Total Miles: 1654.5
The 100-meter dash is not for the slow-footed. It is the domain of the rocket ships of the human race and the winners are bestowed the title of world’s fastest man or woman. One simple question though: Why?
Why 100 meters? Isn’t it arbitrary? Why not 50, or 40, or even 10 meters? Surely someone who couldn’t win the 100-meter dash at the Olympic Games might stand a chance at giving Usain Bolt a run for his money in the 10-meter dash, a distance that would also surely solicit even faster top speeds.
And even at the arbitrary distance of 100 meters, what exactly are we to make of the world record, a time that has been broken time and again? Track and field, of course, is designed to be a level playing field and the U.S. and International Olympic Committees ensure that by regulating that tracks be level, be of a standard size, and to discount world record-breaking times should there be more than a particular amount of tailwind. But what about the specific material used for the track, temperature, relative humidity, or even altitude, all of which can have a significant impact on athletic performance?
The point is that even in such a simple and highly specific sport, the notion that the person who holds the world record is truly the holder of the fastest 100-meter time ever run is, well, highly questionable. But the idea of a record that is absolute in spite of all the unregulated factors is a myth we sell ourselves because we like the idea of measuring things across time, telling a story of competition from one decade to another, one generation to another. It’s all well and good, it just doesn’t make the story a true one.
You might be surprised to learn that as the popularity of backpacking has grown enormously in recent decades, the idea of competition for speed records has crept its way in. Known as FKTs—Fastest Known Times—they’re mostly attempted on the honor system, with some supporting GPS track data as proof of the feat. Most of the major long distance trails have an FKT, or will soon.
There’s even a bifurcation of FKTs—those for “supported” hikes (think: carrying almost nothing and having a crew meet you periodically at road crossings with food, water, and shelter waiting) and “unsupported” hikes, like the one Ace and I are currently on, where you’re completely self-sufficient.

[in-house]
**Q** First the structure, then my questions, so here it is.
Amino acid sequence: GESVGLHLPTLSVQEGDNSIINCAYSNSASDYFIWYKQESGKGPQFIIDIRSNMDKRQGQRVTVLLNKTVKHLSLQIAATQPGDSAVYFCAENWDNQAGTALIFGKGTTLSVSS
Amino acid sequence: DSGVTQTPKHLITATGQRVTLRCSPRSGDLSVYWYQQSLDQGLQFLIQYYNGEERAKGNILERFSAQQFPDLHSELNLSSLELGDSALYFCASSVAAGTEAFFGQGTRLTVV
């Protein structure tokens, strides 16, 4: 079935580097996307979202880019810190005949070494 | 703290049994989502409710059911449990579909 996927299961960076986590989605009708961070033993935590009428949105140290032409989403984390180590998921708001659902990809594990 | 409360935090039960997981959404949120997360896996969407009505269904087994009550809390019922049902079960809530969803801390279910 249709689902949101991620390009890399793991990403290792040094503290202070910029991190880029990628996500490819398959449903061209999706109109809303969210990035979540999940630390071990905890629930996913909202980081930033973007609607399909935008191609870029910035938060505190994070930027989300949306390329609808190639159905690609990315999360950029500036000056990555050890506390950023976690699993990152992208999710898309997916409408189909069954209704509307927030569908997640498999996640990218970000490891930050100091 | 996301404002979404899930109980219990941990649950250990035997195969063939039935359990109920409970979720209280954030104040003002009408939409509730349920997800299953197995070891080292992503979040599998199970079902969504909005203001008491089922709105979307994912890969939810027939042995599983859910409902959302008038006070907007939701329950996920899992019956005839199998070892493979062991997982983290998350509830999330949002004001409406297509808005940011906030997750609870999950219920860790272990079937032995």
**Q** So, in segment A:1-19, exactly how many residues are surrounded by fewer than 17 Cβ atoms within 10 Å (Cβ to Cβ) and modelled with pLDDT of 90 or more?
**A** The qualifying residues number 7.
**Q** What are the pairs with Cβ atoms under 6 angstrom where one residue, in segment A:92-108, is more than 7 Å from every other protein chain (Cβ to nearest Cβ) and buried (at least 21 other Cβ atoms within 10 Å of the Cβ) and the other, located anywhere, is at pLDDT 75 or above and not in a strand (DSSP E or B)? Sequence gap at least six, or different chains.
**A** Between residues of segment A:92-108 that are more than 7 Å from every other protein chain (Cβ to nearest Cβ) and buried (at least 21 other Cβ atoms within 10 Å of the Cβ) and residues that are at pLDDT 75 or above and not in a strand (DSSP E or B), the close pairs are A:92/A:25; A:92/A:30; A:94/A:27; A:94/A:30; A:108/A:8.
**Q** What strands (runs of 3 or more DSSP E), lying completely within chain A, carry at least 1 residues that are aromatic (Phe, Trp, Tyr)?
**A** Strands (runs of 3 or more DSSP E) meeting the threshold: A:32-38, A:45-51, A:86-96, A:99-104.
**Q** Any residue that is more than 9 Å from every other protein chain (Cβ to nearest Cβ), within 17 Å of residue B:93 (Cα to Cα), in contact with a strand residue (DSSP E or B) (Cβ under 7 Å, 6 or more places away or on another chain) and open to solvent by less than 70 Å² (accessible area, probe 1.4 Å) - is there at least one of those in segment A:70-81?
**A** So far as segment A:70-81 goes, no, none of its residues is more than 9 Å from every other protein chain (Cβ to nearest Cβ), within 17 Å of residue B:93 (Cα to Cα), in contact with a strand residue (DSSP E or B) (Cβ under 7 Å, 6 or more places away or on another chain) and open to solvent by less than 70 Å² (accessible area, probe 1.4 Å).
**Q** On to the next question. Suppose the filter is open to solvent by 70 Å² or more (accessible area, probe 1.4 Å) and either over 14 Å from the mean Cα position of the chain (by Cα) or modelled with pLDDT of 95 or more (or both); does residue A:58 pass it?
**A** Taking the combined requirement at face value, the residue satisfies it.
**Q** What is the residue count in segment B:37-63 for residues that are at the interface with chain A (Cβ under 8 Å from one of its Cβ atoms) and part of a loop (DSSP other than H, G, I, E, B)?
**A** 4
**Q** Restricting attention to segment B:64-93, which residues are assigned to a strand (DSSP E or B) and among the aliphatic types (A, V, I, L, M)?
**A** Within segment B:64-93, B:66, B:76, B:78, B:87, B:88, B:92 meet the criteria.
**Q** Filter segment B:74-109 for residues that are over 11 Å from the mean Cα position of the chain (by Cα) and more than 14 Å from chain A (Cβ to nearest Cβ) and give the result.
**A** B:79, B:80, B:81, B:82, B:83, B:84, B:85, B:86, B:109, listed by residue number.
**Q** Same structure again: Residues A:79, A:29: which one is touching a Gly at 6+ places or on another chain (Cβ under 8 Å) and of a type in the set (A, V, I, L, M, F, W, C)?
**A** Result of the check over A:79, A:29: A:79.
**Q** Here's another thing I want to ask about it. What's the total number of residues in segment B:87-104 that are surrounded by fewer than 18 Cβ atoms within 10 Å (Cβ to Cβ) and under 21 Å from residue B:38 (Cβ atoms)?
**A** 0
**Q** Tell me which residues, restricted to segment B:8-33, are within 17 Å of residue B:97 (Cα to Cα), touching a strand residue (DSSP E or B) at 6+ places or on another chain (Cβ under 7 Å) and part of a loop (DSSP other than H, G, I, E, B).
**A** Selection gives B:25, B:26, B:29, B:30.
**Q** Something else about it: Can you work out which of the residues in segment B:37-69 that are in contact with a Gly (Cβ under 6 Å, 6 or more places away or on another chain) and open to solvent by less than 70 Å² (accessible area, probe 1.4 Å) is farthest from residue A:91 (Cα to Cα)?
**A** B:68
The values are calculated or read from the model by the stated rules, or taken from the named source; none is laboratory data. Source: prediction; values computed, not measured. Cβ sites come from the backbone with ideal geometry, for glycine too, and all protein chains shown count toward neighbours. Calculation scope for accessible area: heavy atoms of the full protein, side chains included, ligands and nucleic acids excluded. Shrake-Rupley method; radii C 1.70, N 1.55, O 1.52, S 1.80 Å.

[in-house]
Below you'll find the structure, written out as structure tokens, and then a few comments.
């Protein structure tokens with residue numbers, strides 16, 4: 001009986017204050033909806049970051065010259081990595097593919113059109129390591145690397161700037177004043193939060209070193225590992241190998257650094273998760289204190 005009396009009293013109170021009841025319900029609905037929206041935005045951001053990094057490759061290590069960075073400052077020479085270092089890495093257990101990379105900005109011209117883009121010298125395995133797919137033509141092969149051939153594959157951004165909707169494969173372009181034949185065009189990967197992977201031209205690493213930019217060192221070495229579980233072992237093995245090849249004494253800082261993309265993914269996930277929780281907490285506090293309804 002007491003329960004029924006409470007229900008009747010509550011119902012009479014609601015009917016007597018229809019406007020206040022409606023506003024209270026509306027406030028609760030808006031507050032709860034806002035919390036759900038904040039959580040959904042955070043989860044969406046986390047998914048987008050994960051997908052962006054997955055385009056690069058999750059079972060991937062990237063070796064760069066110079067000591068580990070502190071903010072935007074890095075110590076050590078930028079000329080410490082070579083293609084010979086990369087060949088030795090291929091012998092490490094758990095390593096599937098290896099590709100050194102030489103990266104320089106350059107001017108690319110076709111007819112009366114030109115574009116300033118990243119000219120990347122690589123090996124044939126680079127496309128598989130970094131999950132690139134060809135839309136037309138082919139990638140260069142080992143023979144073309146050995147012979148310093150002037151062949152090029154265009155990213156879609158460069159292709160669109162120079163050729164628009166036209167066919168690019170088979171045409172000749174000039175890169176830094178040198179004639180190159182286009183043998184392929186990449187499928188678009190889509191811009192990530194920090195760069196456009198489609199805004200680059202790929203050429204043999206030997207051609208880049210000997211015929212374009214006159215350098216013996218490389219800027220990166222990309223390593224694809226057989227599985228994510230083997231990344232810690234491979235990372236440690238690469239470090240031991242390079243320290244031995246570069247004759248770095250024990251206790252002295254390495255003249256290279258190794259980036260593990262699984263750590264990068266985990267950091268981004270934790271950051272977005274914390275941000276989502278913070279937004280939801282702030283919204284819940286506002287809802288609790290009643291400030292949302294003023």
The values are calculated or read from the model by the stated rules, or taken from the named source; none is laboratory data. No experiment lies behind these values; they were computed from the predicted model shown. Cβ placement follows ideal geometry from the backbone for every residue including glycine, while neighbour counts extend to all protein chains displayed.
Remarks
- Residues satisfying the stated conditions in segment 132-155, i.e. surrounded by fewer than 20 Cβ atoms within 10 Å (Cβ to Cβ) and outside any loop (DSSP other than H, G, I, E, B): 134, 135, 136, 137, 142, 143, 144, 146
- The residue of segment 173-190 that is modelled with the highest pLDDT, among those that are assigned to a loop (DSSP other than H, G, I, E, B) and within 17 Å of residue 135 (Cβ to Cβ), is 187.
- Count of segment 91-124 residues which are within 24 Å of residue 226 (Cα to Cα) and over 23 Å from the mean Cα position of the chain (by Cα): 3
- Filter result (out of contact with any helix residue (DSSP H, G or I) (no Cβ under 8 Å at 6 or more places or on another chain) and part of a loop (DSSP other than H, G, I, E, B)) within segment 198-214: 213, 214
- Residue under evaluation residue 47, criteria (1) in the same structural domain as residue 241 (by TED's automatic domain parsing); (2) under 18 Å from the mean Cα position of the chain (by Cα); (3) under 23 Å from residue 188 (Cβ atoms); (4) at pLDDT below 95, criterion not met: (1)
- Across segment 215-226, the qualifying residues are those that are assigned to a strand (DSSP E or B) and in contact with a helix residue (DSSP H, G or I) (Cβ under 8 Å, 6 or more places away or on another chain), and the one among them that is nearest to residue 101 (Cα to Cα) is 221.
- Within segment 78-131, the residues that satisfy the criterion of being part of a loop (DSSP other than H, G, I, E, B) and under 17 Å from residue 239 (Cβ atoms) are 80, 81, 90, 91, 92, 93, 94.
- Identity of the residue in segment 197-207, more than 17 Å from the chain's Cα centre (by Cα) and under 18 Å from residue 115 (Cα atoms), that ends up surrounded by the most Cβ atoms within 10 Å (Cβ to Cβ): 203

I think you can probably guess where I’m going with all of this. If I’ve convinced you at all to at least question the sanctity of a world record in the 100-meter dash, you can at least know that when the starter’s gun fires, the person that is first to the finish line is without a doubt the fastest person…at least on that day.
FKTs for hiking, however, have no such comparison. No assemblage of elite athletes waiting at the border of Canada, ready to race head to head all the way to Mexico under the same set of conditions on the same trail. One attempt might start in May of one year, northbound, while another might start in July of a different year, southbound. It might be the same trail, but under such different sets of conditions to render comparison almost entirely moot.
But perhaps the biggest argument in favor of throwing the notion of FKTs overboard entirely is simply this: because the trails themselves change from year to year. Unlike tracks, trails are living, breathing things that change through time, their difficulty and total distance expanding and contracting periodically. New sections of trail are cut to avoid road walks or limit erosion, reroutes occur in response to landslides and forest fires, and when private land is purchased for public use whole sections of trail may be relocated for its future protection. So what is a record if the track you’re racing on is never the same?
If we’re honest, so much of how we measure ourselves is arbitrary. Money, degrees, status, accomplishments, all on an arbitrary scoreboard of our own imagination. At one point in today’s walk, we joked that perhaps we could set the Fastest Known Time for the distance from where we stood to the next trail marker some 50 feet away…until I realized the tailwind at our backs would probably disqualify the attempt. Maybe this isn’t the right track for records either.